Chag Burnout

The day before the official start of Passover, I jokingly posted on my Facebook status update, “For the first time in my life, I actually feel semi-comfortable saying the phrase ‘Chag Sameach.” Ha. Ha.

Those were the days. Back when I had the long holiday (extended even longer for families with school children) to look forward to. Short day trips, or tiyulim as we call them here, were on the agenda. I was energized and simply grateful that all of us were healthy enough (finally!) to get in the car and drive to the beach or the Dead Sea or the Upper Galilee.

But similar to how any American parent feels on the first weekday of the New Year, I was practically pushing my kids out the door this morning, their first day back at school after almost three weeks at home; focused mostly on my middle guy, who is the most school resistant right now. I did everything I could to make sure he would go without desperately clinging to my leg and screaming, “No!!!!” at the top of his lungs.  

“You want to wear your fancy Purim crown to school? Sure! Why not. Go ahead.”

“You want your toast cut up in one inch squares this morning. No problem.”

“You want to brush your teeth with chocolate spread? Can’t hurt too much.”

My face looked chipper and bright, but inside I was holding my breath, squeezing my innards, and praying.

“Please just go to school. Please. Just. Go. To. School.”

In the weeks before Passover break, I talked to people about their vacation plans. One friend sent her oldest daughter back to the States for two weeks. Another family went back to England for the entire time. A few others rented out their homes on Hannaton or swapped with families for apartments in the city. Considering this was our first long break since making Aliyah, and also considering the new job I’ve recently started, I thought we’d have plenty to do, see, and enjoy without scheduling an actual vacation. Particularly since we live in the North, and people actually pay good money to vacation here.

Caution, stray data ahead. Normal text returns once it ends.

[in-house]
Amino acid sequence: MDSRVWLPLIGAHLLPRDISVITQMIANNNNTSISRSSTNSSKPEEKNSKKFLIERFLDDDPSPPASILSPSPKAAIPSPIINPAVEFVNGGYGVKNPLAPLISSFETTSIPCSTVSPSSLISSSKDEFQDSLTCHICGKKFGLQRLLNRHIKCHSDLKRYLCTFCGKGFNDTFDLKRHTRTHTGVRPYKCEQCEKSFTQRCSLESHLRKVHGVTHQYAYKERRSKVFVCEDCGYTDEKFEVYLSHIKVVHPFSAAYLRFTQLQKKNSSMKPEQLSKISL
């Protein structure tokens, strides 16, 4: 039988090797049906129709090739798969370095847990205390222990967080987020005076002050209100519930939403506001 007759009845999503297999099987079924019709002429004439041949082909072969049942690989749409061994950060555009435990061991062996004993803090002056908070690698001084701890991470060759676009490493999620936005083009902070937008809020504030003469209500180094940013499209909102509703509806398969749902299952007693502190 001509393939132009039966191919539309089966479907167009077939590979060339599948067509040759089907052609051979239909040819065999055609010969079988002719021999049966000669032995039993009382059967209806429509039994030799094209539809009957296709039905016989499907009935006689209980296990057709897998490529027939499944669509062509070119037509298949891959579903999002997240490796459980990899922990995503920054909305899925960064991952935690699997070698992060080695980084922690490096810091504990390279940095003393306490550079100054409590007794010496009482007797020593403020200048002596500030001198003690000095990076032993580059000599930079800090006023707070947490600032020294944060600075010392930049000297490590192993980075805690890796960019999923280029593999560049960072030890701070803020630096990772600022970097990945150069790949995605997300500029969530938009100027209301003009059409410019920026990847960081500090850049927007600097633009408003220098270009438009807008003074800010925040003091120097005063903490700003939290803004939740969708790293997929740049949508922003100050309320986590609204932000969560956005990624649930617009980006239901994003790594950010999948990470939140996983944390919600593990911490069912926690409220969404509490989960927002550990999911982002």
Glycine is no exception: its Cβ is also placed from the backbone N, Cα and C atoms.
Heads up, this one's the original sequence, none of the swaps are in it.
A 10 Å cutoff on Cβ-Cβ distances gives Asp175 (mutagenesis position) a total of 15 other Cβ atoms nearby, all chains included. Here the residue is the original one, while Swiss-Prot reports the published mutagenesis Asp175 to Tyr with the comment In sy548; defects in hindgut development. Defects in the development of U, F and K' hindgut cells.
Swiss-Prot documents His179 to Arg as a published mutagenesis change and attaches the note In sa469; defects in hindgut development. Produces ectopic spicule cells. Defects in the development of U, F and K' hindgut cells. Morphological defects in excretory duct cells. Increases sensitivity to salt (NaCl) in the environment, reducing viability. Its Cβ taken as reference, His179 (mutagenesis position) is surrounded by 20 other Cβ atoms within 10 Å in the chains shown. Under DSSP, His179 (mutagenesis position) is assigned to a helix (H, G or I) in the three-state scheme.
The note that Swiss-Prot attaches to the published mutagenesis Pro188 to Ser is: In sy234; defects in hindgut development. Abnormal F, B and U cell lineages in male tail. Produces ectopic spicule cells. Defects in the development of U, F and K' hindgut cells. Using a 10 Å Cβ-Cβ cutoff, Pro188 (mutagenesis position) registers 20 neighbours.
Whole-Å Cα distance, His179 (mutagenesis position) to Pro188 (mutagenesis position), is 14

And, boy, did we have plenty to do and see…but I can’t say we enjoyed it as much as I had hoped.

My husband and I sure did try. We put on our Griswald family smiles and pumped the kids up each time we got in our tiny Ford Focus. But inevitably, each car ride was a precursor to poked eyes, pulled hair, or crying. No one cared about the farm animals I pointed to out the windows; or the beautiful lush scenery on the drive up towards Kiryat Shemona; or the ruins; or the dramatic cliffs above the Kinneret.  Our road trip saving grace is the DVD player, which makes me sad, frustrated, and enormously relieved all at the same time.

It wasn’t all bad, not at all. We lucked out with a gorgeous beach day with friends in Netanya. We made our own matzah over a bonfire like good wandering Jews. We happened upon the craziest playground ever which kept all three of my kids active and engaged in something other than pinching each other. While the kids napped in the back seat, my husband and I managed to have a few conversations with no interruptions. And, best of all, we saw a lot of the Northern part of the country during the time of year when it’s at its peak of magnificence.

Not bad.

And while today I am praying for my kids’ healthy and easy return to school, I know that once I get caught up in the routine of work, I’ll soon be longing for vacation again.

Lucky for us, I won’t have long to wait.

As my friend said to me yesterday on the playground when I asked “Do things return to normal now that we are ‘achrei hachagim?'”

“What are you talking about?” he responded. “We’re nowhere near finished. Next, we have Yom Hazikaron, Yom Hatzmaut, Lag BaOmer. The elementary-aged kids have stopped learning anything in school by now. It’s practically summer here.”


Multiply our Passover break times five and add about 25 degrees Farenheit and you’ve got Israeli summer.

Perhaps, Passover is a gentle ease-in for new olim…and initiation and a wake up call.

Wake up. Figure out the summer camp situation here. Maher. Maher. (Quickly!)

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